What is Nursing?
A career in nursing has a lot of different opportunities. Of all the available healthcare professions, nursing is the most diverse and offers the ability to provide care as a generalist or as a specialist.
Where Do Nurses Work?
Nurses practice in a wide range of settings but generally provide care in one of the following.
- acute care hospitals
- public communities
- assisted living facilities
- neonatal units
- individuals/private nursing
- informatics (knowledge/data/education)
- ambulatory (urgent care, doctor’s office)
- mental health
Can Nurses Specialize?
Nurses can specialize in several areas such as:
- orthopedic nursing
- emergency nursing
- perioperative nursing
- cardiac nursing
- oncology nursing
- obstetrical nursing
- palliative care
How Long Does it Take to Become a Nurse?
Depending on the time you are able to commit to your nursing education, you may be able to complete the following programs quickly. Below is the average amount of time it takes to complete various nursing programs.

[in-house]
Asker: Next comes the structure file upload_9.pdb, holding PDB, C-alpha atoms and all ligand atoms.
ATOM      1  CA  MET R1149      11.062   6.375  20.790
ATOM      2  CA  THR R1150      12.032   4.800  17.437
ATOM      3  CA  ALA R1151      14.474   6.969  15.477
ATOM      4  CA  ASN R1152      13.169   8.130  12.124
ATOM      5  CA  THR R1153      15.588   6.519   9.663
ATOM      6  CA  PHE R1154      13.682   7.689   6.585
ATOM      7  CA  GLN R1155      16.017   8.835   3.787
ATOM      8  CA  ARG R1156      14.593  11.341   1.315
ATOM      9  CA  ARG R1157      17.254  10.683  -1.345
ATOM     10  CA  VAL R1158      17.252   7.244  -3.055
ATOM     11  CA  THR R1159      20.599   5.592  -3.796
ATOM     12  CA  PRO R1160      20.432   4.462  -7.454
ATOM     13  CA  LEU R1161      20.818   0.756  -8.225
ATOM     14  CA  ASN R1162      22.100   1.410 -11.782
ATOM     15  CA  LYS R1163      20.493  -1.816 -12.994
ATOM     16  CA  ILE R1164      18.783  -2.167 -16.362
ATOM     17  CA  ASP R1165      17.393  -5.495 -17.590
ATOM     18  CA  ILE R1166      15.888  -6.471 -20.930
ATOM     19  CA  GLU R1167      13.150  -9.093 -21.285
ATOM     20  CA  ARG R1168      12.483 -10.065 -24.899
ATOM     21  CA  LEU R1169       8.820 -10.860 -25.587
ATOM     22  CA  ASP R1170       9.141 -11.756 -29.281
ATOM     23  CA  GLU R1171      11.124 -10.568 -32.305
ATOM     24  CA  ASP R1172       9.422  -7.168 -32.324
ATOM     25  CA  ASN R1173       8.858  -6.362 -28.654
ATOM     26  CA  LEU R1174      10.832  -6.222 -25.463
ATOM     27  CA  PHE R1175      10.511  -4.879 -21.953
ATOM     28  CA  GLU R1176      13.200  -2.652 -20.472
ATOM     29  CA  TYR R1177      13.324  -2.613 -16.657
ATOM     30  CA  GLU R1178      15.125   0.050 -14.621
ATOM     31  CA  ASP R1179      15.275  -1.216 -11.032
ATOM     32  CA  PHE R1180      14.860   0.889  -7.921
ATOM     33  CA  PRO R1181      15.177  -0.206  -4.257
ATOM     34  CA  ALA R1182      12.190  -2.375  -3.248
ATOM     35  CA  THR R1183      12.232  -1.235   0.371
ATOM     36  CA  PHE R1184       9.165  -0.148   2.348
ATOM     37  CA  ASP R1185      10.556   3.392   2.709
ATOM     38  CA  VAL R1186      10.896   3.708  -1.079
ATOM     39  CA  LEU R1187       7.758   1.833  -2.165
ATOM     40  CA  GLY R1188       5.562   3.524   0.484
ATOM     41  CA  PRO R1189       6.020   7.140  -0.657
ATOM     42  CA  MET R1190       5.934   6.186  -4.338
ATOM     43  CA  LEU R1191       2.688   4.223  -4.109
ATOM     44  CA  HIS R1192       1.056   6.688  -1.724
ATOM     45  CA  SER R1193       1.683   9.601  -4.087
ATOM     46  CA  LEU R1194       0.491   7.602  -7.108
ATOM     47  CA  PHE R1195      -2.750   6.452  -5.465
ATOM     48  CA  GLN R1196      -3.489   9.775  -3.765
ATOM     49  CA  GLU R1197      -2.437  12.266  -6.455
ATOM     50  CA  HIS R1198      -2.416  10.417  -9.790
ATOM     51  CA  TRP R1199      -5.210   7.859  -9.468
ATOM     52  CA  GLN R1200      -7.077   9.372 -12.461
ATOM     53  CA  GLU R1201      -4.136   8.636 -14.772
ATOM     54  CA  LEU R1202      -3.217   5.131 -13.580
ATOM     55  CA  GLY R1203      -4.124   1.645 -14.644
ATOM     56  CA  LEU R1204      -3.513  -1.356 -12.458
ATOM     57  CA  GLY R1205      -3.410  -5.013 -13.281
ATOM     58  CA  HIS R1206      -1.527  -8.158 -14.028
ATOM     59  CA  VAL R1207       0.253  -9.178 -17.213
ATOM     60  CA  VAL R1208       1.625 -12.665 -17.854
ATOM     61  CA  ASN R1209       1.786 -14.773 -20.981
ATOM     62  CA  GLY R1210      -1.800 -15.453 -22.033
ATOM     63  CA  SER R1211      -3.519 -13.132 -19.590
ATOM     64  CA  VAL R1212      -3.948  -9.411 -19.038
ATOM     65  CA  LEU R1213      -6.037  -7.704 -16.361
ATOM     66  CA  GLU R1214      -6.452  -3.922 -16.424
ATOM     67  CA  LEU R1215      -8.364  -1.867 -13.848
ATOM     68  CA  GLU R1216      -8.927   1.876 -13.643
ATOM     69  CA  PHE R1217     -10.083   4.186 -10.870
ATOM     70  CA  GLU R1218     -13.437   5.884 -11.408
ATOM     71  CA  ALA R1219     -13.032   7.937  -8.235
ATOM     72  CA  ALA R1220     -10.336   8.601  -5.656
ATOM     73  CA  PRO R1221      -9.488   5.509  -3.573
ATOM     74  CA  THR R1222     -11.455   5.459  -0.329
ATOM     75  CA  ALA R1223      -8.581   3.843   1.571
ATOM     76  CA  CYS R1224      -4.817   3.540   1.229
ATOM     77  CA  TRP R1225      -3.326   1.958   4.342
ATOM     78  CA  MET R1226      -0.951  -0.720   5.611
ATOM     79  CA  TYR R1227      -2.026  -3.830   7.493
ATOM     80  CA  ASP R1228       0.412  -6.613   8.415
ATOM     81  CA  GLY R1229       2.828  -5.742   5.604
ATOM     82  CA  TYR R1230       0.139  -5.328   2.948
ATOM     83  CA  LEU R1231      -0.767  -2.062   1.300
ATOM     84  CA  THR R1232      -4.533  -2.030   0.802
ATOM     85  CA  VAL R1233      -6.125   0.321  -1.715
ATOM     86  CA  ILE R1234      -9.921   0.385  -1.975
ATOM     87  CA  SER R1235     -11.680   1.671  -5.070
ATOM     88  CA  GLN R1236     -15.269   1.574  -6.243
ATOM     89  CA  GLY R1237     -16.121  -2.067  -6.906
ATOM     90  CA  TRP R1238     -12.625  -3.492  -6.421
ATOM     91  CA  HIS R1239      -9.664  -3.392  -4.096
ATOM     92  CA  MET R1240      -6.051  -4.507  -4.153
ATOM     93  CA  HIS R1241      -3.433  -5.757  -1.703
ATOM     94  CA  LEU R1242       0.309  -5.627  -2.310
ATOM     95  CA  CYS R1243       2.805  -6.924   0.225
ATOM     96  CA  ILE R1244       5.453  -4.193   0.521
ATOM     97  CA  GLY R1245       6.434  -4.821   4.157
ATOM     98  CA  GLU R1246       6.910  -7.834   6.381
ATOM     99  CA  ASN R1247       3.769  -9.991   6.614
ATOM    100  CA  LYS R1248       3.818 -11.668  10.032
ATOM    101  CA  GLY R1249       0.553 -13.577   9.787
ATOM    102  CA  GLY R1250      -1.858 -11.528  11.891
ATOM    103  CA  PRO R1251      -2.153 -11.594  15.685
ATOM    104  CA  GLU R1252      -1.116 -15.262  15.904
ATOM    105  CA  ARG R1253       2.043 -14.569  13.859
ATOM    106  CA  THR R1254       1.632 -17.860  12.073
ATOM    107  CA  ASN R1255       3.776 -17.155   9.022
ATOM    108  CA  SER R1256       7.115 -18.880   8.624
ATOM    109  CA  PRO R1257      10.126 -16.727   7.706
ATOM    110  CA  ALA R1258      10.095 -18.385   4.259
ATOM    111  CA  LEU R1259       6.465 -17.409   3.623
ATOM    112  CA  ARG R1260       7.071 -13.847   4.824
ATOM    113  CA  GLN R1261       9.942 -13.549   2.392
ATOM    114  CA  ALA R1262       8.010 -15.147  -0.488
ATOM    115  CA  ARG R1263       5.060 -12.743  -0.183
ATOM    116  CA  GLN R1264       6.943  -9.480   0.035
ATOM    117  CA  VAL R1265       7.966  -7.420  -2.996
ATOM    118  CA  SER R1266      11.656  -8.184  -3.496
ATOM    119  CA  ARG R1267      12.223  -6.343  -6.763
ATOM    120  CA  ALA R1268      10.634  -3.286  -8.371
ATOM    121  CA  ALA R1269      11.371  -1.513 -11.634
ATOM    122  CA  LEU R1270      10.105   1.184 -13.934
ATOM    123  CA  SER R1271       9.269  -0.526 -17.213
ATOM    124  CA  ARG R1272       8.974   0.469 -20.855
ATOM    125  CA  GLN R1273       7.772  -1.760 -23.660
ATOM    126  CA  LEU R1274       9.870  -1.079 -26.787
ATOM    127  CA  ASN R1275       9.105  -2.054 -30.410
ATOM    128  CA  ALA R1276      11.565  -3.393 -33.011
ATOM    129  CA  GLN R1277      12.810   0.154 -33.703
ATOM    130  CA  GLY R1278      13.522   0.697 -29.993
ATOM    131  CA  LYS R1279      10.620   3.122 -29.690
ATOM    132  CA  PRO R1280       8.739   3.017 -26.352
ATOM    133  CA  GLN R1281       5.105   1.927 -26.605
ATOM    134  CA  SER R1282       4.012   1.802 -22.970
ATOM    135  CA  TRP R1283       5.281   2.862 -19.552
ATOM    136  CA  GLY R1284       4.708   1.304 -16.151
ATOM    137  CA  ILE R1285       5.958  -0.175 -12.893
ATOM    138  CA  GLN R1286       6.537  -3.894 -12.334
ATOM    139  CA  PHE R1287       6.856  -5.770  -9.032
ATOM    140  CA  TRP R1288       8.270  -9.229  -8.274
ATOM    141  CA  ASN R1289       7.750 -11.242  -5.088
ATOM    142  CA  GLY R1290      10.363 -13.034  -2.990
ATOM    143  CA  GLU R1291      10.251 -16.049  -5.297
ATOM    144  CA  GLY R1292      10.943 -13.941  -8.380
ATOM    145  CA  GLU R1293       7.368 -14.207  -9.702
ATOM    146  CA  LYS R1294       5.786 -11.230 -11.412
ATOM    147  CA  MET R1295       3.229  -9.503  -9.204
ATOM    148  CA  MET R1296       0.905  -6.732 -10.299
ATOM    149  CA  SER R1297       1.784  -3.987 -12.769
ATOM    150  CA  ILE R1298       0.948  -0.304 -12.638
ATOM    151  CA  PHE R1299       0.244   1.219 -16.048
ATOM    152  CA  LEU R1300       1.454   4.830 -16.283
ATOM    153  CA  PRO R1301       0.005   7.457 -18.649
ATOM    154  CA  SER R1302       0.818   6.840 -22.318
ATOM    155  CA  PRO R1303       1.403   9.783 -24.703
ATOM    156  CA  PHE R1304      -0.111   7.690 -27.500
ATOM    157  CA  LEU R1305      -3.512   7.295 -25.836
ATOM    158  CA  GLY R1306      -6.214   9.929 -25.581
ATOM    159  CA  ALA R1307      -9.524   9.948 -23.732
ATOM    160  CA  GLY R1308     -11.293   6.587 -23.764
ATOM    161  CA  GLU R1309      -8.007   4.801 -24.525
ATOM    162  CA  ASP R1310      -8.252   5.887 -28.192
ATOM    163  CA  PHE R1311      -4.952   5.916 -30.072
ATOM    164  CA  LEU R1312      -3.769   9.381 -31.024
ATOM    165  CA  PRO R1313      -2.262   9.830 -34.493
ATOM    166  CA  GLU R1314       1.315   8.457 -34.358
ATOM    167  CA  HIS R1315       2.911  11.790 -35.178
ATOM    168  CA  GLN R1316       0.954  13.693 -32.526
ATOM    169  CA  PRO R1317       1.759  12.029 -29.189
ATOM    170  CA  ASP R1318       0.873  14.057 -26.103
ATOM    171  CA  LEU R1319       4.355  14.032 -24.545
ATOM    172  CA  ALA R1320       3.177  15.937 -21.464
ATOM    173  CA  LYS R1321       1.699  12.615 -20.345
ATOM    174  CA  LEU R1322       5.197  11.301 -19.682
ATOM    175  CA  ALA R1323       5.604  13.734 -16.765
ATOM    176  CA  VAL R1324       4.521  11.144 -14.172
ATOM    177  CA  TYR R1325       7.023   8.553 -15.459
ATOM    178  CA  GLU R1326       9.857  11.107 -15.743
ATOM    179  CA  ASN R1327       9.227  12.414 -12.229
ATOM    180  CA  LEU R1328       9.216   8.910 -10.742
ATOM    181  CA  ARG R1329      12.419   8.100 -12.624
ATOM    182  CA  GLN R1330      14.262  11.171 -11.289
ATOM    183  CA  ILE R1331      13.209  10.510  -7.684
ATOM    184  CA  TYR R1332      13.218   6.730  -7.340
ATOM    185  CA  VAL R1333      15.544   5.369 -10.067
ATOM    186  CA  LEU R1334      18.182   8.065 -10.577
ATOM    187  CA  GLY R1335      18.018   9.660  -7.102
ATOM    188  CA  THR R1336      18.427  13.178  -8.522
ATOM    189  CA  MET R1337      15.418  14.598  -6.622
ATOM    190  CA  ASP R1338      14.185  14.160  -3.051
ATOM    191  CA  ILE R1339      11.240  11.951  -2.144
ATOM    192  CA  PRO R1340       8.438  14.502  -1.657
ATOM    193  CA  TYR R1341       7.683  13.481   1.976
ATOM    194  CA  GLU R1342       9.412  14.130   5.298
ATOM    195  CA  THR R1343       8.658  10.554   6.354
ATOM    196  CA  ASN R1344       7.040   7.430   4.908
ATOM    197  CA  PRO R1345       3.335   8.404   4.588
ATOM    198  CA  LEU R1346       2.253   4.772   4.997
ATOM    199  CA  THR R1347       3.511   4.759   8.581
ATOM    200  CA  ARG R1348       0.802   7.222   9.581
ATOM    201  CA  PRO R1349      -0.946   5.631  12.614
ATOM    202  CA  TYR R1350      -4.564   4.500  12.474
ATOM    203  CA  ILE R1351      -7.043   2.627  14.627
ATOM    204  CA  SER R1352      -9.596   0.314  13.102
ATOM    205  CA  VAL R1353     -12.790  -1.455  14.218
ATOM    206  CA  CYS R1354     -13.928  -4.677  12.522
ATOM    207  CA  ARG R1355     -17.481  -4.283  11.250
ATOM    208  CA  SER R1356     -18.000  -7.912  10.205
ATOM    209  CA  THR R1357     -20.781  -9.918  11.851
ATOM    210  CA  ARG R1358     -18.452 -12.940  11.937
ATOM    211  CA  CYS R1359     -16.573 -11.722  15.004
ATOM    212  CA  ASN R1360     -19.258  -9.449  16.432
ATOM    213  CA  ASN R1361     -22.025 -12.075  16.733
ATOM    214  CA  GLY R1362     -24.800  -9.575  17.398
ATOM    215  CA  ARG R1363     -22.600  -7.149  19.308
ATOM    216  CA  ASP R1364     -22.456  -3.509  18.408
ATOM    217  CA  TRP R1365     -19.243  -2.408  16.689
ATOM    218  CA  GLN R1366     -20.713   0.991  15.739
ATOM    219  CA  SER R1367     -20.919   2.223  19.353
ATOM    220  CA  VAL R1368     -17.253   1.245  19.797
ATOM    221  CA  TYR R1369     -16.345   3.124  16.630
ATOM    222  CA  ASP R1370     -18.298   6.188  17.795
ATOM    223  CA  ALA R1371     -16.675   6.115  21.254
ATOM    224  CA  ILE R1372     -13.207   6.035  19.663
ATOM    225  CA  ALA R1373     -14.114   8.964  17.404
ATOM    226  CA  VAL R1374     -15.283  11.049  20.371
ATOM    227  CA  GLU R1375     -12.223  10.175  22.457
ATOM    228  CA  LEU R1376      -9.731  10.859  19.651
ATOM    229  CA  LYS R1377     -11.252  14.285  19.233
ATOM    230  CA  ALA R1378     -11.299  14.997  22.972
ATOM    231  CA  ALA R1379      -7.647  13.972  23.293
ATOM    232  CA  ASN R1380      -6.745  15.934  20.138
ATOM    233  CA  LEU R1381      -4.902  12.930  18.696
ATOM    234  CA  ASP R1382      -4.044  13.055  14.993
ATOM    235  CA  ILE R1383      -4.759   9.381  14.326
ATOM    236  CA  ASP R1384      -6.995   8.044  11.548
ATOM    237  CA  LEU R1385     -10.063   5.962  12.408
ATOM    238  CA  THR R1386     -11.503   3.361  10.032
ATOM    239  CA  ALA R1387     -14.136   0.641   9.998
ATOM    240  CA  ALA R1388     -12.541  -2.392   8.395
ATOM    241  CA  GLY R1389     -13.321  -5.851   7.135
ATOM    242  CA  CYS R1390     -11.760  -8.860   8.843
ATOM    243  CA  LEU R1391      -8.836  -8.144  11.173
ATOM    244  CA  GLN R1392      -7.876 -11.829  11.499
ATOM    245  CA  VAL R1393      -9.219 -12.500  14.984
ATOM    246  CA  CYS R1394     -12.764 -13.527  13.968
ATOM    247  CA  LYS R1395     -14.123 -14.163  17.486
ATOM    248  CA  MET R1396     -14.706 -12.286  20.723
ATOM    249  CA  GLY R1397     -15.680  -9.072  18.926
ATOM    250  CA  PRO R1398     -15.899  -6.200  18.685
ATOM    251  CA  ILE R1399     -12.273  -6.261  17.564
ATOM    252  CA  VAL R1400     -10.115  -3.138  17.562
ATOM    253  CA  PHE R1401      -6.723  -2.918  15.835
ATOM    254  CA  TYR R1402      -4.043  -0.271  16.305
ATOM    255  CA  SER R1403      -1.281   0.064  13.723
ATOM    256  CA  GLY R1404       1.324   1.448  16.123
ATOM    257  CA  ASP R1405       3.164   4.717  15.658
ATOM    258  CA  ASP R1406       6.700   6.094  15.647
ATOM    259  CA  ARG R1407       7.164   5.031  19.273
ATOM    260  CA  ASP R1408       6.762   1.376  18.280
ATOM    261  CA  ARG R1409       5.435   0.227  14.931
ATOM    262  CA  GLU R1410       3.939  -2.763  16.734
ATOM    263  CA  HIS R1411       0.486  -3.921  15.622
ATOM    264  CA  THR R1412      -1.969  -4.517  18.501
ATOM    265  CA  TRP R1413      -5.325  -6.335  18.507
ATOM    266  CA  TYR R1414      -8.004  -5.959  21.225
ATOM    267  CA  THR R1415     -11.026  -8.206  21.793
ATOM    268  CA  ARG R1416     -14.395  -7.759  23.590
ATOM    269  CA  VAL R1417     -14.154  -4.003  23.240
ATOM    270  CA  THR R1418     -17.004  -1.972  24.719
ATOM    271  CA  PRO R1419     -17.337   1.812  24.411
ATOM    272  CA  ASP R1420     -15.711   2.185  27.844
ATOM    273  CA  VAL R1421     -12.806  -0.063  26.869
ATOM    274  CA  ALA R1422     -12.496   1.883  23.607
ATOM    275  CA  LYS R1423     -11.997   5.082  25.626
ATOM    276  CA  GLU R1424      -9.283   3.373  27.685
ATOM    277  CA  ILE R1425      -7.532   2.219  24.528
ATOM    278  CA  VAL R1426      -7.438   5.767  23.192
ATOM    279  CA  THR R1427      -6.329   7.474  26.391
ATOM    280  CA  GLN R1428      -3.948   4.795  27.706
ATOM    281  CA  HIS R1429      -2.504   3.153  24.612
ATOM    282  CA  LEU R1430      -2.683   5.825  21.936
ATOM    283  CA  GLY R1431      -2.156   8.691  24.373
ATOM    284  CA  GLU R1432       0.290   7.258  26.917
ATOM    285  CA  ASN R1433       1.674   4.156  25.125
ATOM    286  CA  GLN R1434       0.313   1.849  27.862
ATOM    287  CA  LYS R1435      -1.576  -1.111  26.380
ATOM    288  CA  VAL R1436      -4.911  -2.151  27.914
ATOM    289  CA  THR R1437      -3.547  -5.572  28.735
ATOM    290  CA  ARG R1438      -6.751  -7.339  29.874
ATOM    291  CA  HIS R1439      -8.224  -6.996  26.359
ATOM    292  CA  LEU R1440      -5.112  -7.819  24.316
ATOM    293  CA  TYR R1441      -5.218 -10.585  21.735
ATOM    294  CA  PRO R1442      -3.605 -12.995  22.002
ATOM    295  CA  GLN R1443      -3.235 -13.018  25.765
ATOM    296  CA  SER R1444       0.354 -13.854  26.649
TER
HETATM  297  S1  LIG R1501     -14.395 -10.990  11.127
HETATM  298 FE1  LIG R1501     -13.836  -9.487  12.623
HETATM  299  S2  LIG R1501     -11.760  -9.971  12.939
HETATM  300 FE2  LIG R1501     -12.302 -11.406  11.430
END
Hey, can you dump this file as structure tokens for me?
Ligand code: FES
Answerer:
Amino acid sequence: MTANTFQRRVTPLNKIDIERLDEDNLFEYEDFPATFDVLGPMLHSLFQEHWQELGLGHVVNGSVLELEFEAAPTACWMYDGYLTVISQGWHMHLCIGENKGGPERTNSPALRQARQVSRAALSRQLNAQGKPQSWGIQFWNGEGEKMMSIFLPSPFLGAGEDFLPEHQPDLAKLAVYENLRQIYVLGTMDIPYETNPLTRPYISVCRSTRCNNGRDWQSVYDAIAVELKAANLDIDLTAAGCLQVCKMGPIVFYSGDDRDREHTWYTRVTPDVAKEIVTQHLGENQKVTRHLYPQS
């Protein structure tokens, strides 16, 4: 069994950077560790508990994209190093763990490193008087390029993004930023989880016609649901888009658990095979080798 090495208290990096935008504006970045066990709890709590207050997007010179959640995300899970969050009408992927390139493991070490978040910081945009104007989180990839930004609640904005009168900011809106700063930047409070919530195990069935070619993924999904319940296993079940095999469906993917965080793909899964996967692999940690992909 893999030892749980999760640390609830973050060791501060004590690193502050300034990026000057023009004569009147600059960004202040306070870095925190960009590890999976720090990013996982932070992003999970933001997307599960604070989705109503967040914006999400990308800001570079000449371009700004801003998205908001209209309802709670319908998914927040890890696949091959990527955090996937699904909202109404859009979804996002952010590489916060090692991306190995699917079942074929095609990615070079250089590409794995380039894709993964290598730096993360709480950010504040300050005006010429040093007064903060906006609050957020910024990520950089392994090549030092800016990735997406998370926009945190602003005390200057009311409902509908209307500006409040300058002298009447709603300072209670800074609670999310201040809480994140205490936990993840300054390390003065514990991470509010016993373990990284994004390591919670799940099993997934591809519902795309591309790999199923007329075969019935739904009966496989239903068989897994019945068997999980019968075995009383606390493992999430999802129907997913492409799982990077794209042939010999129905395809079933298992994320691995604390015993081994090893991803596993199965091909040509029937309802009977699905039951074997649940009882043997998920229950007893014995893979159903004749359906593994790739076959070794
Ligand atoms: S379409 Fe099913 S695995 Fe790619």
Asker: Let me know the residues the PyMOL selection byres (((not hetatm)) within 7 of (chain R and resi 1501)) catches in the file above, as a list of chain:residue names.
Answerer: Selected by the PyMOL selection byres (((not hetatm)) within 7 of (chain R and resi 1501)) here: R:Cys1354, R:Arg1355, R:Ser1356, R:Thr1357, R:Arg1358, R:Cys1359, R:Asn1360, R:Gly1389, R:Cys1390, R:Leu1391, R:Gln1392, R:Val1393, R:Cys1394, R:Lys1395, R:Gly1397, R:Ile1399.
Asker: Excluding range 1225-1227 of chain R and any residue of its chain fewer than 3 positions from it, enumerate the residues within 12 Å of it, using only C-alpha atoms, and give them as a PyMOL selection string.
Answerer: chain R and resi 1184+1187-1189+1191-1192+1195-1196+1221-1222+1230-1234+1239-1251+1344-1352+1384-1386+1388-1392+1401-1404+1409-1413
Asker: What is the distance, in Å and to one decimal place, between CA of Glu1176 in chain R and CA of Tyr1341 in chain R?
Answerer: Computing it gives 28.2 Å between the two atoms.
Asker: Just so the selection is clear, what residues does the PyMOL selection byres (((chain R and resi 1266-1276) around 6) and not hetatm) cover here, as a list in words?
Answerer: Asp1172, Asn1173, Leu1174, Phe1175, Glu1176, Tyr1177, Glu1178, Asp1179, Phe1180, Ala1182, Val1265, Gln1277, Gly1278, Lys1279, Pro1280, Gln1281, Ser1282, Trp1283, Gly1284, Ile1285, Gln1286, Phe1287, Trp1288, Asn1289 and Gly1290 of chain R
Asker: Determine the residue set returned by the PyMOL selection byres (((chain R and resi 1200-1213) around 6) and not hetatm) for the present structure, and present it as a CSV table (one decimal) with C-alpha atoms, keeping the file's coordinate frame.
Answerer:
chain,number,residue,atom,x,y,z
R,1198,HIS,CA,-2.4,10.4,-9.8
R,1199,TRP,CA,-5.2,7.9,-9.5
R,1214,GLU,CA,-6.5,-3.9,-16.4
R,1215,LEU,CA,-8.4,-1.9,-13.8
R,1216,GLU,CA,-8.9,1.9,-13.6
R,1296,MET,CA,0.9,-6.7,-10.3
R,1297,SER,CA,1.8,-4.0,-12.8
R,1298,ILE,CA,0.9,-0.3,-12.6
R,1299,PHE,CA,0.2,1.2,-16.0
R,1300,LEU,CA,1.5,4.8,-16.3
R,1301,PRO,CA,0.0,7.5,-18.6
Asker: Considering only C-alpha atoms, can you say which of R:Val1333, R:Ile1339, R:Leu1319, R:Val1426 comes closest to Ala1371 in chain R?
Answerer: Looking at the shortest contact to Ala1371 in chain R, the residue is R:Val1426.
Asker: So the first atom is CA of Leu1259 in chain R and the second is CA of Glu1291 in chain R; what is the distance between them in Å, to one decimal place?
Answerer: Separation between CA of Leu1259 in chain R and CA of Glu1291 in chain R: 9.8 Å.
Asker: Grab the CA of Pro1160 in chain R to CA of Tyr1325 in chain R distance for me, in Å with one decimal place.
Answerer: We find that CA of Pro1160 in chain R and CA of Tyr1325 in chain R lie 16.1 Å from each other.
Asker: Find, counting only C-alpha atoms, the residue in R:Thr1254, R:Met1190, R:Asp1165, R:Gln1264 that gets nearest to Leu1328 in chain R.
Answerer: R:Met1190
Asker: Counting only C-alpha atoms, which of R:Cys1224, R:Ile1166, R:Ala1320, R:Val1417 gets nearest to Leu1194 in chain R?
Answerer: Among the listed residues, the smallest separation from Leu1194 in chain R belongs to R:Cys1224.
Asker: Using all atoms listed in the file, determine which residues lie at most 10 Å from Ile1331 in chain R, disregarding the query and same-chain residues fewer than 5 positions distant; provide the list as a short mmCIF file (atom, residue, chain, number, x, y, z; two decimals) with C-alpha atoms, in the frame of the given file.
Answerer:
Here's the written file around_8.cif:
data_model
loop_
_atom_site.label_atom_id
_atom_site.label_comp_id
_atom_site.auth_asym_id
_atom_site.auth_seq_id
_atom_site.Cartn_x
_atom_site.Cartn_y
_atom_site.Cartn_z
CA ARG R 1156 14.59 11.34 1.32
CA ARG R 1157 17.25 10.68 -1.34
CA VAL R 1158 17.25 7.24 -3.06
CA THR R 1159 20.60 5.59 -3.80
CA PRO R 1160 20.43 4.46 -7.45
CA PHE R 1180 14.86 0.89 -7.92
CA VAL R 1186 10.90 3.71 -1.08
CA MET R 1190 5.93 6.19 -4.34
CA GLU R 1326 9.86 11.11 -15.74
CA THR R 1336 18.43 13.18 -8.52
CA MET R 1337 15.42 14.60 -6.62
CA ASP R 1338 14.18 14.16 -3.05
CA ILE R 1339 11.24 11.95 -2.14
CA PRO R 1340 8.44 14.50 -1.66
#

- CNA – 1-2 months
- LPN/LVN – 18 months
- Diploma – 24-36 months
- Associate Degree – 24 months
- Bachelor's Degree – 48 months
- Master's Degree – 24 months with a BSN
- Doctoral Degree – 36-48 months with a BSN
There are differences in the types of duties and skills required for each type. To become a CNA takes about 4-12 weeks of training while an LPN takes about 12-18 months. To be RN requires significantly more training including either a two-year degree or three-year diploma.
With a bachelor of science degree, an RN may go on to become an MSN and seek other specialty certifications. An MSN may even go on to earn their DSN or a DNS which stands for Dr. of Nursing Science.
How Much Can I Make as a Nurse?
According to the U.S. Bureau of Labor Statistics, the median wage for nurses by role:
- CNA – $29,660
- Licensed Practical Nurse (LPN) or Licensed Vocational Nurse (LVN) – $47,480
- Registered Nurse (RN) – $73,300
- Nurse Practitioner (NP) – $109,820
The median wage is the wage at which half the workers in an occupation earned more than that amount and half earned less. Salaries may vary significantly by region and experience.